Opinion: Canada’s AgriStability Proposal a Step in the Right Direction

Beef producer and former CCA president Martin Unrau sees promise for beef industry in proposed changes to the business risk management program

(File photo). The proposed changes to business risk management programs are a step in the right direction, writes Martin Unrau.

One of the main reasons that I entered into cattle politics was to advocate for changes to the suite of business risk management (BRM) programs. At the time I was particularly frustrated with the growing inequity in the programs across agriculture sectors, but also concerned with the primary producer’s ability to manage through increasing weather and trade disruptions.

Today I am out of agriculture politics, but my concerns with risk management programs remain and as such I feel compelled to say let’s not walk away from the option to make changes to these important programs. We might not get it all right, but it’s a step in the right direction and a step that will help agriculture drive the economic growth we all know Canada needs so badly right now.

Since the introduction of the reference margin limit (RML) in 2013, producers’ payment calculations have been based on the lower of their reference margin or their average eligible expenses from that same reference period. This means producers that have lower eligible expenses, such as cow-calf operators, have had their coverage unfairly limited. This unequal treatment of agricultural production within risk management programming weakened the competitive balance across agricultural sectors as AgriStability was no longer a reliable backstop for many producers.

I understand that the federal government has put an option on the table to remove the RML and I say take it. This would go a long way in restoring the backstop and equity within the program.

I also understand that there is an option to increase the compensation rate from 70 per cent to 80 per cent and again, I say take it. Sure, maybe it’s not everything that today’s agriculture organizations have been asking for, but there is no question in my mind that we need changes to the program. This will get us going in the right direction and give us some breathing room to take an even closer look at these programs and how to get them right for the future. Ongoing evaluation of BRM programs between the agriculture industry and governments is critical. With global political landscapes, markets and environmental risks always changing, the perfect program is truly a moving target and continuous improvement is something we need to strive for. But as I see it today, the proposed changes are going to make the program a more reliable, effective risk management tool for both farmers and ranchers across the country.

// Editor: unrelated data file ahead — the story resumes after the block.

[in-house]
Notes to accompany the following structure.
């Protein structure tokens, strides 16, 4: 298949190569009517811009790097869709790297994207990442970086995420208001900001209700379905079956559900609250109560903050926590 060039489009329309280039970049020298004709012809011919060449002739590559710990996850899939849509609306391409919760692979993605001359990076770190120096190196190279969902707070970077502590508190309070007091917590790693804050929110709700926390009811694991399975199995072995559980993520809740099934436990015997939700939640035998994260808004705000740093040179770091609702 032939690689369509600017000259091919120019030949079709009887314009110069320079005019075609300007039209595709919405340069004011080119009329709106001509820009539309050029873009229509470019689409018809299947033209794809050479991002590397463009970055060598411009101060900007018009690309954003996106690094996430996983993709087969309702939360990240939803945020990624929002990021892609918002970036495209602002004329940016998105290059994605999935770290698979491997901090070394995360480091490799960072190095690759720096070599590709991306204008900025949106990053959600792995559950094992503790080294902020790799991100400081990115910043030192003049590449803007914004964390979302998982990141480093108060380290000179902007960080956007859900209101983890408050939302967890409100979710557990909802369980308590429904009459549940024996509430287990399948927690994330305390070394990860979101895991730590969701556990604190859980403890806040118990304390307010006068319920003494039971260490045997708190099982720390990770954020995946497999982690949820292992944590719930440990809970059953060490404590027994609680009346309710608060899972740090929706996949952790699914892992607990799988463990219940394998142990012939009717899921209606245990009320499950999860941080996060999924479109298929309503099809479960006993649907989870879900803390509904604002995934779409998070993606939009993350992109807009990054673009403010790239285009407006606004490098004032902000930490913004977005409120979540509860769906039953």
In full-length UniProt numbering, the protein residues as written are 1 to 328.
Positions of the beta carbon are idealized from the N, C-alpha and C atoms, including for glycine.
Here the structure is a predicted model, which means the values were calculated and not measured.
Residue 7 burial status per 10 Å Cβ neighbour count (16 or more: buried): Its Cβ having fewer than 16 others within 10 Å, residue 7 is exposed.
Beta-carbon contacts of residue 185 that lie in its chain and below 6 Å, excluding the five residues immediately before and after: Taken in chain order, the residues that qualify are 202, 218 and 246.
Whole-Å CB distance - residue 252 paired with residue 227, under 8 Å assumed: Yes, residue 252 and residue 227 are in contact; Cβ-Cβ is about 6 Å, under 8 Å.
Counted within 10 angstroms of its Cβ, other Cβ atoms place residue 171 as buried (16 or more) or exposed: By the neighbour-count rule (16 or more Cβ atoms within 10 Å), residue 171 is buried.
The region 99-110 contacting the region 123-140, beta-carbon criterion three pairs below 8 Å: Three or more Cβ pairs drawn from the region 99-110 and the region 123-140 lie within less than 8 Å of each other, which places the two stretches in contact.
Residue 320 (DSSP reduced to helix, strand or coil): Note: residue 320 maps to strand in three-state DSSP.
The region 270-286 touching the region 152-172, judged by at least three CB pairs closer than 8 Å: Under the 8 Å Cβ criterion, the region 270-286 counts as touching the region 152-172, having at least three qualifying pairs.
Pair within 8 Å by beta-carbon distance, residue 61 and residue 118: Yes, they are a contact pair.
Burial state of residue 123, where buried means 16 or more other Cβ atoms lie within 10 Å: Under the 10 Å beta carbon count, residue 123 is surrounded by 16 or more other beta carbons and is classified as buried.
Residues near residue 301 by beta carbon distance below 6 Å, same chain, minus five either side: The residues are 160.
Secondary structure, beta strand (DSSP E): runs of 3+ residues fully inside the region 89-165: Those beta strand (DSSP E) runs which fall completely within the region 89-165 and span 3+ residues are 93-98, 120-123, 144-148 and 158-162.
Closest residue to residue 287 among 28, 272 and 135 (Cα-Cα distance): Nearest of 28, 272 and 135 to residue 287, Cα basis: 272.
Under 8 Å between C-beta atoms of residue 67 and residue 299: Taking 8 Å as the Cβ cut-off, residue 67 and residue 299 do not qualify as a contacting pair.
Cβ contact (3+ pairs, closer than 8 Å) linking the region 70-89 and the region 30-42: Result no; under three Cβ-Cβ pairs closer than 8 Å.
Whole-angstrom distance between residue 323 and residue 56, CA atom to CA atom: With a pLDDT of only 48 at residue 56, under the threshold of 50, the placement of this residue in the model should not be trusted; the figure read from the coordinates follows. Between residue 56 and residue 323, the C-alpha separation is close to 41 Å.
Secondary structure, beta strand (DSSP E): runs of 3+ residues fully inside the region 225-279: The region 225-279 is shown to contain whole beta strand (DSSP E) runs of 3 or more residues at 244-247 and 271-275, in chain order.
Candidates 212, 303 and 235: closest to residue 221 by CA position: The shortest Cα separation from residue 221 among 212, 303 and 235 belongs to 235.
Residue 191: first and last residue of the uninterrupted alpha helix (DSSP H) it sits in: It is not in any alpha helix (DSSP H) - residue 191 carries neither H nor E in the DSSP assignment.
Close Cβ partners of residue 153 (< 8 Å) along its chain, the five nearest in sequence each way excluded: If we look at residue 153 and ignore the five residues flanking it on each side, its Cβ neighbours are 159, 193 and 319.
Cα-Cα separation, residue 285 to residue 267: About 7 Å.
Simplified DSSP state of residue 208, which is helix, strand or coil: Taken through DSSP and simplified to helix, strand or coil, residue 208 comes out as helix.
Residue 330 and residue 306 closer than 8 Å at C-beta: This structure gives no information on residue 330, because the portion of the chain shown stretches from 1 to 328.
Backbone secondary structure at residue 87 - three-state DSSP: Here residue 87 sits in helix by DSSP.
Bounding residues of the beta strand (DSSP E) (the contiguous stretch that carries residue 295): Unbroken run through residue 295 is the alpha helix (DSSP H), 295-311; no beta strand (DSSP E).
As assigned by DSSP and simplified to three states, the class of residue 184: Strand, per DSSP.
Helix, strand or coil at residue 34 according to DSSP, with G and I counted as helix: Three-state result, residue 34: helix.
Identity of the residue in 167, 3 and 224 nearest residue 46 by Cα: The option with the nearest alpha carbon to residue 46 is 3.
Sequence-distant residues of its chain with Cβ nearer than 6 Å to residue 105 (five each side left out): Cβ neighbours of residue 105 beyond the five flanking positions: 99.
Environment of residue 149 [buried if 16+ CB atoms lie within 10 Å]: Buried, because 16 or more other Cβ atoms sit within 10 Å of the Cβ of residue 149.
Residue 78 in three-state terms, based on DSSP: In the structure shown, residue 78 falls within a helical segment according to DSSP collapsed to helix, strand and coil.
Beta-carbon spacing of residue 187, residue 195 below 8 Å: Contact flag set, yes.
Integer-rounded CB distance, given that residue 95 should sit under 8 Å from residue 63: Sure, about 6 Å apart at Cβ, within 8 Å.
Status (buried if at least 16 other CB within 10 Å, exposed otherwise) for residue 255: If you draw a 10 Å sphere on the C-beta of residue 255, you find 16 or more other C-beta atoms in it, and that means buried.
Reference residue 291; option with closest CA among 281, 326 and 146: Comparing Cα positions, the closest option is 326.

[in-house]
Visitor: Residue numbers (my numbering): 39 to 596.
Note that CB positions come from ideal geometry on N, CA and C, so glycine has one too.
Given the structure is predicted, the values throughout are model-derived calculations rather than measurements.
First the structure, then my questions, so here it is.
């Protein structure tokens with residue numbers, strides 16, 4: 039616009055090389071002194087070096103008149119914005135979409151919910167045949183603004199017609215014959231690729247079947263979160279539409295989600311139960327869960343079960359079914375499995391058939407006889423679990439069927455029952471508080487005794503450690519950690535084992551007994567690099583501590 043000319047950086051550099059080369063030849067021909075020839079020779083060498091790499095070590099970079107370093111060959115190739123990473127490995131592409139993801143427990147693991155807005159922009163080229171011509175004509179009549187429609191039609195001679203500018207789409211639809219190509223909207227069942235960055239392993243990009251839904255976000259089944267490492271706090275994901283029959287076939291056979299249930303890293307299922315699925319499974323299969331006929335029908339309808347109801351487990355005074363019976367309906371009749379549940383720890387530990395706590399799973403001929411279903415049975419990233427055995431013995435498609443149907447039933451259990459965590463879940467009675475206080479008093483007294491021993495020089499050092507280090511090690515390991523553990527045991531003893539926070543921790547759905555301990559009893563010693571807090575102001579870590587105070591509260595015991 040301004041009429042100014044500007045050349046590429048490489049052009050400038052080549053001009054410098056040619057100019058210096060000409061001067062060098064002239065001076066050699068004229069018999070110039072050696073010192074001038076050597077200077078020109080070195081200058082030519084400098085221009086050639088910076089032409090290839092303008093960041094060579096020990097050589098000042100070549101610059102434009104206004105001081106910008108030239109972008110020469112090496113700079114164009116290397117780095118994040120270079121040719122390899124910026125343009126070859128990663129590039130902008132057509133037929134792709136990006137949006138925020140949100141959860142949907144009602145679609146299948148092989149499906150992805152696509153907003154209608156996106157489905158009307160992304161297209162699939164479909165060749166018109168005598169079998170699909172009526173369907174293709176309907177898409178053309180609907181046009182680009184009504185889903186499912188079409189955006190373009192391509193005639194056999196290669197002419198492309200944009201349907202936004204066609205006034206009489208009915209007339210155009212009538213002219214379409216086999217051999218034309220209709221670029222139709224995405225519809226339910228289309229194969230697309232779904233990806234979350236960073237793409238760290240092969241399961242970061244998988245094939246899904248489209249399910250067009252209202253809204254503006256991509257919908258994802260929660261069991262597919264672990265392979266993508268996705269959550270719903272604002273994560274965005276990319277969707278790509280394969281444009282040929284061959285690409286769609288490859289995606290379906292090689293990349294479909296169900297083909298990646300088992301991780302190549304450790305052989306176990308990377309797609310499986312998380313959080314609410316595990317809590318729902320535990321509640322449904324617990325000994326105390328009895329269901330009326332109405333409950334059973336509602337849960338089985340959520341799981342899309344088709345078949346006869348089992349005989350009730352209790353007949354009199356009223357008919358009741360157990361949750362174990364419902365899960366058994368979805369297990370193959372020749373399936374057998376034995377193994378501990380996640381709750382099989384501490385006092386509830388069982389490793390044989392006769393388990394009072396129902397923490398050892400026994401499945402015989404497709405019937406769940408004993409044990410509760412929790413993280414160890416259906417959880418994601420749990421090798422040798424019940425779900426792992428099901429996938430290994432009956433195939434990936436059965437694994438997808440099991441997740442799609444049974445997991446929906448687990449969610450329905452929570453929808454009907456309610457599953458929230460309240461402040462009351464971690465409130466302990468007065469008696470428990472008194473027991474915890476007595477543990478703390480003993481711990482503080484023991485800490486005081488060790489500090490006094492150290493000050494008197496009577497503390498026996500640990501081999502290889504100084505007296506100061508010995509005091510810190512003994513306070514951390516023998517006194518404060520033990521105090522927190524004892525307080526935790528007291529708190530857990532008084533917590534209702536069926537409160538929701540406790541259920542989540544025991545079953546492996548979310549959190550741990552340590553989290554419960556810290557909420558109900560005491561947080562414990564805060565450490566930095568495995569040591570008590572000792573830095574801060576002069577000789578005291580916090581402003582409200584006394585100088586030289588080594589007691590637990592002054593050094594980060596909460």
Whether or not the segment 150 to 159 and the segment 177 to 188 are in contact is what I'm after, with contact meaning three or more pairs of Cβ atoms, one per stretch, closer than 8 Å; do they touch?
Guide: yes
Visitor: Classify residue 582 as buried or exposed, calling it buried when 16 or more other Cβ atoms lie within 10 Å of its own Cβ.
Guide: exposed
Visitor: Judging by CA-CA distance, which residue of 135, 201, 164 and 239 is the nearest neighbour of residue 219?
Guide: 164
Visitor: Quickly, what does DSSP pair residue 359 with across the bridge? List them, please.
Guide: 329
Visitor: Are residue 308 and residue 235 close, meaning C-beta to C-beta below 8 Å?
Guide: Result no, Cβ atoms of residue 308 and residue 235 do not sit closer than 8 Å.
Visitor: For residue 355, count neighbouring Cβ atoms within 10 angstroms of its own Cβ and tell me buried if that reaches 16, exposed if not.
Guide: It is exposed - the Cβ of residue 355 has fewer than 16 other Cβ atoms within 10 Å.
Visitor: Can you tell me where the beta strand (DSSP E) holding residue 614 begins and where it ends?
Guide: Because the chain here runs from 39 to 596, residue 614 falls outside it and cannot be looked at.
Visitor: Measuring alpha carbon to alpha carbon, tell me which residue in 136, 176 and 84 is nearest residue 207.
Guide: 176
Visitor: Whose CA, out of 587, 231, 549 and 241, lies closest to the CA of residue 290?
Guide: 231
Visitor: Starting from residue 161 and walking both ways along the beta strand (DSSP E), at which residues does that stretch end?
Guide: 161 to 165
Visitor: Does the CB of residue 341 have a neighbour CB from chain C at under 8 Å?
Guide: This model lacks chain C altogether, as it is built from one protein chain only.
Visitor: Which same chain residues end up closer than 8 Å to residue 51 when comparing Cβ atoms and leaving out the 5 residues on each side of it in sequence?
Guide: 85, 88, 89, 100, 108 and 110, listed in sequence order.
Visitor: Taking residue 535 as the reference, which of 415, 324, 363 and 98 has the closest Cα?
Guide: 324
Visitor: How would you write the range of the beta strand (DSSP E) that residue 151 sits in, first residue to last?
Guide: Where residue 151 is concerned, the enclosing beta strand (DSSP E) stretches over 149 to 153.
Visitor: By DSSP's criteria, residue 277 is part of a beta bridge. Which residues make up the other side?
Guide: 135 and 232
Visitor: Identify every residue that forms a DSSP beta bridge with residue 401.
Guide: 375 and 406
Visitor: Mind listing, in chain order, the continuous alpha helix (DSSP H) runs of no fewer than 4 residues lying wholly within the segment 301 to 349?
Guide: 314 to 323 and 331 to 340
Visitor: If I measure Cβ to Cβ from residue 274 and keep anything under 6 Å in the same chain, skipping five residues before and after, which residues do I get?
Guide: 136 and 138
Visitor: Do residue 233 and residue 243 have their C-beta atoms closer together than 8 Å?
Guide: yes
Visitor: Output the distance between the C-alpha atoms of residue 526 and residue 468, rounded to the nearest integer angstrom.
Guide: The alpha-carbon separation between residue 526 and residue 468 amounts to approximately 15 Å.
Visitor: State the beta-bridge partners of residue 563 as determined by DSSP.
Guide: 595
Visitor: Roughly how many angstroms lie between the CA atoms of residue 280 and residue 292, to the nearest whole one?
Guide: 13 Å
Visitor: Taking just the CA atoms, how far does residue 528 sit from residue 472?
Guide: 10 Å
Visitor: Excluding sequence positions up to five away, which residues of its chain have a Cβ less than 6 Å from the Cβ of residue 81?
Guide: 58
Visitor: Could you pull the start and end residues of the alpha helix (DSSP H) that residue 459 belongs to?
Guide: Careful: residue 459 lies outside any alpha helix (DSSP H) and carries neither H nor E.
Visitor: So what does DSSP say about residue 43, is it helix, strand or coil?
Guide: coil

A lot is depending on agriculture right now. Growth and jobs are on the horizon, if we manage things right. The trade deals over the past number of years have put us in an excellent position to be one of the most consistent and steadily growing parts of Canada’s economy post-COVID. But to fully capture the opportunity brought by these trade agreements, we need solid BRM programs as a backstop, especially with all the unknowns we face in Canadian agriculture.

I’ll be the first to say, I hope most years we don’t need these programs and that we have good crops and markets. The reality is there are many risks beyond our control and having effective and equitable safety net programs can be the difference for many farmers, ranchers, and feeders getting through inevitable difficult times. This is particularly true for our younger producers who represent the future of Canadian agriculture.

I am optimistic about that future for Canada’s beef cattle industry, thanks to the great support Canadians continue to show for our product and for the growing opportunities to sell high quality Canadian beef around the world. We are leading the world in sustainable beef production and produce one of the finest products on the globe. At the same time, we are all facing unprecedented risks and challenges. Today more than ever, we need open markets and effective business risk tools to help us realize this great potential for Canadian agriculture to thrive.

If the provinces are able to come forward with their share for BRM, I say they ask for a full court press on advancing Canada’s agriculture trade priorities. But that’s my two cents, for what they’re worth.

Martin Unrau farms with his family near MacGregor, Manitoba and was the president of the Canadian Cattlemen’s Association from 2012 to 2014.

 

 

 

 

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